In his example, the threshold is an invisible transition — it’s what occurs in your mind or soul on learning something new, it’s an inner shift, it’s “a line which separates two territories of spirit,” similar to the invisible threshold or transition from college to the day after college, when you get married or when you realise the marriage has ended, when you learn you’re pregnant or receive a terminal medical diagnosis, when you uncover a significant forgotten memory, when you make a critical decision or when you first realise that the decision has been made. Something clicks, or something washes over you, and you have a new awareness, an insight that may lead to new ways of being, if you can unlearn, unremember, heal the patterns that have “caught” you. Sakyong Mipham Rinpoche, in Turning the Mind Into An Ally, writes that “meditation is how we unravel the illusion” of permanence, stability, a solid self; crossing a threshold, willingly or not, is another means.
Thresholds of course are also visible, real-world phenomena: a real doorway or window, a gate, openings, stairways and elevators, physical places that lead to other physical places. O’Donohue uses words denoting physical place in the paragraph above, even as he speaks of non-physical space: world, solid ground, territories, new ground, the last place.
Sometimes a real-world threshold occupies a larger space than a doorway. It could be any place whose function is to move people across boundaries, such as airports and train stations, which are devoted to transition; places that exist “in-between,” like foyers, hallways, parking lots, which aren’t destinations but which are intermediaries between two places; places that have lost their function permanently or temporarily — such as abandoned houses, former industrial sites or military bases, schools on break, places like playgrounds and empty laundromats at night — or are functioning in unusual, unexpected, unfamiliar, disconcerting ways. An interesting example of the latter is the lighting section of a hardware store, a space with redundant functioning: “Lighting sections of stores … provide examples of how to light up a room, but the lighting samples’ purpose is not actually to light up the room they are in at the store” (in an essay “Understanding How Liminal Space Is Different From Other Places,” by Julia Thomas).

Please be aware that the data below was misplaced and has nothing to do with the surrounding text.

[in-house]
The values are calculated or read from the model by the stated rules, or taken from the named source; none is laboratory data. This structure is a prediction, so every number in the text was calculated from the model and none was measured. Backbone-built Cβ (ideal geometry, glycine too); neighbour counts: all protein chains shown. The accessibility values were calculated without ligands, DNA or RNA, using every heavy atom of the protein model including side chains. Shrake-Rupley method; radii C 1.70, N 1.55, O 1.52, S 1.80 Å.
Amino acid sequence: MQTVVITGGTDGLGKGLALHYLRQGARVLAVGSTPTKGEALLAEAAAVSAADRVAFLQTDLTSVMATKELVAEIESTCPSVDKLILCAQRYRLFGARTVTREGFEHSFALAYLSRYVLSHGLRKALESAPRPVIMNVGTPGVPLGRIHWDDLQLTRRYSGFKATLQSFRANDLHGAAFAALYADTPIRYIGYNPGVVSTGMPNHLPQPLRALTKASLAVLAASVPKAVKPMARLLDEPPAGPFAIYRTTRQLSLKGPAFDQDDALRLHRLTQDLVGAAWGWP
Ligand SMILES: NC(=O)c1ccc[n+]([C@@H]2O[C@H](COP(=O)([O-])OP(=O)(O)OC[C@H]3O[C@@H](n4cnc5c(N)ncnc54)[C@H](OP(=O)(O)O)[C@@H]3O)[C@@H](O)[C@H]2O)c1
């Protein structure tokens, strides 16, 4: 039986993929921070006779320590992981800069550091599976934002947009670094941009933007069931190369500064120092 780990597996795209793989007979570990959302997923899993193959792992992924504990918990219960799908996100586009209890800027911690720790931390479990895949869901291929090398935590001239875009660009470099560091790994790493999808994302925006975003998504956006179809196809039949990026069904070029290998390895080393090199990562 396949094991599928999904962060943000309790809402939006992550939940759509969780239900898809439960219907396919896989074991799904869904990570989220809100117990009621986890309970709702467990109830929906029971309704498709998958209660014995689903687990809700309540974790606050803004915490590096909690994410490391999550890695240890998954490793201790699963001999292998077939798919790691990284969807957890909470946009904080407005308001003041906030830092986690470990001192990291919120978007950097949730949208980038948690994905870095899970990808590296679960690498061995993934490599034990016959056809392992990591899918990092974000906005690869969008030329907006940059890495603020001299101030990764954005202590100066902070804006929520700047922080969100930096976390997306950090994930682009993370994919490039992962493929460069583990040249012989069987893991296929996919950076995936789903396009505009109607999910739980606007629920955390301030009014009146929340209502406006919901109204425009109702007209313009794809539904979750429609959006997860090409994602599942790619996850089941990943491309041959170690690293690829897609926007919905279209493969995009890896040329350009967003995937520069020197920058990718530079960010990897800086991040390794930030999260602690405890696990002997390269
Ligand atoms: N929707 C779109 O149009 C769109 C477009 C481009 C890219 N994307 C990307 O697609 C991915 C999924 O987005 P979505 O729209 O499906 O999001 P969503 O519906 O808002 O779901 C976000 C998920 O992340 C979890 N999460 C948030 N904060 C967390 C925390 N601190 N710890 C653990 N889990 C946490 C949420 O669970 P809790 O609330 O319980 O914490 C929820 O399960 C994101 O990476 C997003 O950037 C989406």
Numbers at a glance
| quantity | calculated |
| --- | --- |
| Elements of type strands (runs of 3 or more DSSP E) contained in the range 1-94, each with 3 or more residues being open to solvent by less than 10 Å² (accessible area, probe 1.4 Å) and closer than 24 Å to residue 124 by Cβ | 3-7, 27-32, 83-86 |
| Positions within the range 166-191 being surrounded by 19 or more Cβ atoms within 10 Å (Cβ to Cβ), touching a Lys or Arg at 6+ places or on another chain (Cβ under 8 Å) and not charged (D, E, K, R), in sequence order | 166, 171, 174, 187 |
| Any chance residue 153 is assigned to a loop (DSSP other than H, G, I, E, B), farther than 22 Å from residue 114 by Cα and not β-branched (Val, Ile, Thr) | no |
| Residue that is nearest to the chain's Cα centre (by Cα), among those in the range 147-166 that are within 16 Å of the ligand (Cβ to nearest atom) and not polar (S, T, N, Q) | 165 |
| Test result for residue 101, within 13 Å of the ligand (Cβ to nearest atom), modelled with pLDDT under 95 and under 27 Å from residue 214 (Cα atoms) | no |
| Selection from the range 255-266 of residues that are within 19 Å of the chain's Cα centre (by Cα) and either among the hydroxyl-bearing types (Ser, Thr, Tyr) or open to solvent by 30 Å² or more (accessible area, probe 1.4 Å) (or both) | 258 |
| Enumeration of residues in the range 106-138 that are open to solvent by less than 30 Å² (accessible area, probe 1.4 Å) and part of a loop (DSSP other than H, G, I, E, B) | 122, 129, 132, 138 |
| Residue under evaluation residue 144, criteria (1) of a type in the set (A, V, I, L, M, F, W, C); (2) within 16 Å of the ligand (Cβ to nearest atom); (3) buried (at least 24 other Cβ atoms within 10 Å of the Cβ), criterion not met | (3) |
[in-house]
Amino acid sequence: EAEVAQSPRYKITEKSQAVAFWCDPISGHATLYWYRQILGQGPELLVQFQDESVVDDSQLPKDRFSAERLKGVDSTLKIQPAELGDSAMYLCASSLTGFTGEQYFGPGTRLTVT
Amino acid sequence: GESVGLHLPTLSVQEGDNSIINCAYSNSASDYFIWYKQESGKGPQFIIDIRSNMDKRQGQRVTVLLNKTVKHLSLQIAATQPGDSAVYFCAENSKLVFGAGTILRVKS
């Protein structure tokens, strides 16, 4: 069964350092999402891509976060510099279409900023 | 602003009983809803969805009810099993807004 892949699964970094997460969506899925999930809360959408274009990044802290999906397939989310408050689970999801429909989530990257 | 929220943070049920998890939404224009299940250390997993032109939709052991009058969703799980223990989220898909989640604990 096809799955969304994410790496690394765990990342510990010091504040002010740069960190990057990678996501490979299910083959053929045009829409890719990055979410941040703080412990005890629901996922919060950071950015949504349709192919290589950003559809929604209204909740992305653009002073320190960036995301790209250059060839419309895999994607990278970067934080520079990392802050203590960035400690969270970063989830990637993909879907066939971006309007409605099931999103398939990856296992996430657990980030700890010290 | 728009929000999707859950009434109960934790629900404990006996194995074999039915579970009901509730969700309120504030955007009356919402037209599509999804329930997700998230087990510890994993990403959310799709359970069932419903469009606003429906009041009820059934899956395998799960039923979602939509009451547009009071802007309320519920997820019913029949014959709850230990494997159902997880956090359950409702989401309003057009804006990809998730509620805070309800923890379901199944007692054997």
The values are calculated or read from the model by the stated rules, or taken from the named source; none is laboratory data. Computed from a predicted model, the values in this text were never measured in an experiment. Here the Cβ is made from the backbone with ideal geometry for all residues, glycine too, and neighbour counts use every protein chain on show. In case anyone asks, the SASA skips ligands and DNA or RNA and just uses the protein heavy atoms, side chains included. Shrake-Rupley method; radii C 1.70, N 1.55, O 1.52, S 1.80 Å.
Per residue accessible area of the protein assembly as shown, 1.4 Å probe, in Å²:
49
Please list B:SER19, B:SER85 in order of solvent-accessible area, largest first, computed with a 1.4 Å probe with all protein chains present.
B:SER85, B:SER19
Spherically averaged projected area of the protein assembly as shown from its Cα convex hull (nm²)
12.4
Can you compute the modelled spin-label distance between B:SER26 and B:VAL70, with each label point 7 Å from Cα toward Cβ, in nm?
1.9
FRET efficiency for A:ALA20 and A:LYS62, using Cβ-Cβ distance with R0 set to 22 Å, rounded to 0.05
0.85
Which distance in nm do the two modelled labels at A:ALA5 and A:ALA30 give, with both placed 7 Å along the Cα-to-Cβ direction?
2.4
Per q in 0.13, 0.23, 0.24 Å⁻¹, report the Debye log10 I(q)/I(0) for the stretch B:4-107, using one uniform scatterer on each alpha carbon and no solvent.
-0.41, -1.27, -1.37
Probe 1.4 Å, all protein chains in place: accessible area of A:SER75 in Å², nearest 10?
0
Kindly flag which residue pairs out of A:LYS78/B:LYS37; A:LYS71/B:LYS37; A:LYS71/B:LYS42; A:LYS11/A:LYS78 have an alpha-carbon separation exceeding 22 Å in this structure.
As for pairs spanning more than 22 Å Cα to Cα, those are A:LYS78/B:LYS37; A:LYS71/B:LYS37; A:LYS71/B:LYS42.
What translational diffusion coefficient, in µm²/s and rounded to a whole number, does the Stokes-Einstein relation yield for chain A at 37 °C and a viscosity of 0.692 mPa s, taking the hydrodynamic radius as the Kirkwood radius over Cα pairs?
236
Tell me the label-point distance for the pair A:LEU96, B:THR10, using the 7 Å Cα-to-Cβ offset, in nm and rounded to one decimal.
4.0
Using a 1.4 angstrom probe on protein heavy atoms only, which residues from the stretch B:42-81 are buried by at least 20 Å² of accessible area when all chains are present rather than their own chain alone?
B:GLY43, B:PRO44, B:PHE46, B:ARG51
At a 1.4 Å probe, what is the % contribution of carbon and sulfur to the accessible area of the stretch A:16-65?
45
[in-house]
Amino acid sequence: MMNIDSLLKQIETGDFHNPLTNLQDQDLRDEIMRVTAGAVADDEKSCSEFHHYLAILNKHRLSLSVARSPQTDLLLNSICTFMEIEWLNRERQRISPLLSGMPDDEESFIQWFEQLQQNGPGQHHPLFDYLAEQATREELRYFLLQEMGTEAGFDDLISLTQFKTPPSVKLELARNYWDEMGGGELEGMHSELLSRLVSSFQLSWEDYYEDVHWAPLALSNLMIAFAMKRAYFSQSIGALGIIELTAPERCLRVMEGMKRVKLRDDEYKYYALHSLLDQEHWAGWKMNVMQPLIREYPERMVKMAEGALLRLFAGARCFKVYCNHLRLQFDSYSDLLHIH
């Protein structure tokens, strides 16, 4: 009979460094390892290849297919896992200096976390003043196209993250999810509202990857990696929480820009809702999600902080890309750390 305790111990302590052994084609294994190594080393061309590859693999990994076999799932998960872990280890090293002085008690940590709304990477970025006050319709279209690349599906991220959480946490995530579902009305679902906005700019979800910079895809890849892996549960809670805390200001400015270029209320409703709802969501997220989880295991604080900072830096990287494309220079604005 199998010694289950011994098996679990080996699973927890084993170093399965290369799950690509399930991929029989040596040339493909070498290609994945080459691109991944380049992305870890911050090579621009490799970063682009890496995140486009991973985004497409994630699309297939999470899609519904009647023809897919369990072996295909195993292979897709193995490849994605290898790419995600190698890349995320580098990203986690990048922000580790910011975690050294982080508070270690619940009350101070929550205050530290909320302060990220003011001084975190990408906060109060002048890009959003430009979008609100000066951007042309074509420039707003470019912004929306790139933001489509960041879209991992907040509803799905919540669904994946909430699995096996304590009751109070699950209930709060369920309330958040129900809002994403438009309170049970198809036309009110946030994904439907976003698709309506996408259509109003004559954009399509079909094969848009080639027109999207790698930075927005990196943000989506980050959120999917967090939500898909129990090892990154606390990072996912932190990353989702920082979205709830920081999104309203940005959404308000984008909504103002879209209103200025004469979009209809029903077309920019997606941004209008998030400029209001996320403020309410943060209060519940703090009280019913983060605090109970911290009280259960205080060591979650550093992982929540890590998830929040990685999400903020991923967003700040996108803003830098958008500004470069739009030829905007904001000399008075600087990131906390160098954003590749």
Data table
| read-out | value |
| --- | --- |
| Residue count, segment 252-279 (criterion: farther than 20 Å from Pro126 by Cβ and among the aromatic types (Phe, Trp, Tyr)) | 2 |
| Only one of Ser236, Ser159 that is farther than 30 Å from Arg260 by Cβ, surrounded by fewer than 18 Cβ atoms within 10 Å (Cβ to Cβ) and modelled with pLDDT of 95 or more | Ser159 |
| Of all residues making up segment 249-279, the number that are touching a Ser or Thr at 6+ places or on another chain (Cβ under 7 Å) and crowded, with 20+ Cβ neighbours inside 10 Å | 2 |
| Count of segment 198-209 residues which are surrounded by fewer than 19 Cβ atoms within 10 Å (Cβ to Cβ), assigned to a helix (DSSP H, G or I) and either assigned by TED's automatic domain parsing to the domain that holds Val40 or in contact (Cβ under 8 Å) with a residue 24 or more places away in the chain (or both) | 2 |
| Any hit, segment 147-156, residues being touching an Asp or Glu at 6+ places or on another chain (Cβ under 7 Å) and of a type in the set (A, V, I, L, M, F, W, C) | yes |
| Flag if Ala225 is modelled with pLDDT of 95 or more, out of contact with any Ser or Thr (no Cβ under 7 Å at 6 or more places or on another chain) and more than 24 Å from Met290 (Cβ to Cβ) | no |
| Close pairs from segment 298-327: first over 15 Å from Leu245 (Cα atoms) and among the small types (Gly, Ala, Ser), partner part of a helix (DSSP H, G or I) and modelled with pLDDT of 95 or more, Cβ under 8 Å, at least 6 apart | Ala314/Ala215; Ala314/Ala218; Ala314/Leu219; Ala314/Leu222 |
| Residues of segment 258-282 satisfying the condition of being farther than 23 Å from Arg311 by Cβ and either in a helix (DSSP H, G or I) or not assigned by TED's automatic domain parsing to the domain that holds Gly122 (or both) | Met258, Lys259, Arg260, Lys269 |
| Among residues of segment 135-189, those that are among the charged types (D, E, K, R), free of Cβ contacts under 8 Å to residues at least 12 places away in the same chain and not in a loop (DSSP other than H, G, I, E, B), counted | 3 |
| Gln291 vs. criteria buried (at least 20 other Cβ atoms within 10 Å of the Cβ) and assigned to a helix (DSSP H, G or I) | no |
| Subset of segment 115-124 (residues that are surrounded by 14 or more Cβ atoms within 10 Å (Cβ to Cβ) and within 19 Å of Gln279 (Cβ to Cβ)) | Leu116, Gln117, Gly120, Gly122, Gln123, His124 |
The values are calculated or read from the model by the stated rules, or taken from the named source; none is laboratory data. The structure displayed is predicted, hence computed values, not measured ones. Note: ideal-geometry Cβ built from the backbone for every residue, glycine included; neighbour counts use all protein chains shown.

Both these intangible metaphysical thresholds and the actual three-dimensional spaces are liminal (from the Latin ‘limen’ which means ‘threshold’), meaning that they elicit a subtle response from those in the space. These momentary ‘waiting rooms’ between one space and another or one point in time and another are all transitional spaces, inherently unstable, and because they disrupt our sense of continuity and normality, they can transform our inner landscape. They can make us feel disjointed and “weird if [we] spend too much time in them because these spaces exist for the things that come before or after them. Their ‘existence’ is not about themselves” (Sarah McLaen in “Places Where Reality Feels Altered,” Odyssey, Oct. 2016).
Many of us notice the effect of thresholds when we walk into another room and briefly forget why we’re there; we feel the slightest degree of dissociation for a moment. We sense the “in-between” nature of liminal spaces, of being on the threshold, on the brink, on the verge; we feel then the reality of how we are not fixed but always becoming, of how nothing, nothing at all, is permanent, not even the self our memories have created.
“It may not be written in any book, but it is written —
You can’t go back,
you can’t repeat the unrepeatable.
No matter how fast you drive, or how hard the slide show
Of memory flicks and releases,
It’s always some other place,
some other car in the driveway,
Someone unrecognizable about to open the door.
Nevertheless, like clouds in their nebulous patterns,
We tend to recongregate
in the exitless blue
And try to relive our absences.
What else have we got to do,”
― Charles Wright, from “1,” Littlefoot: A Poem (2007)
Featured image: waiting room at Massachusetts General Hospital, Boston, MA, June 2010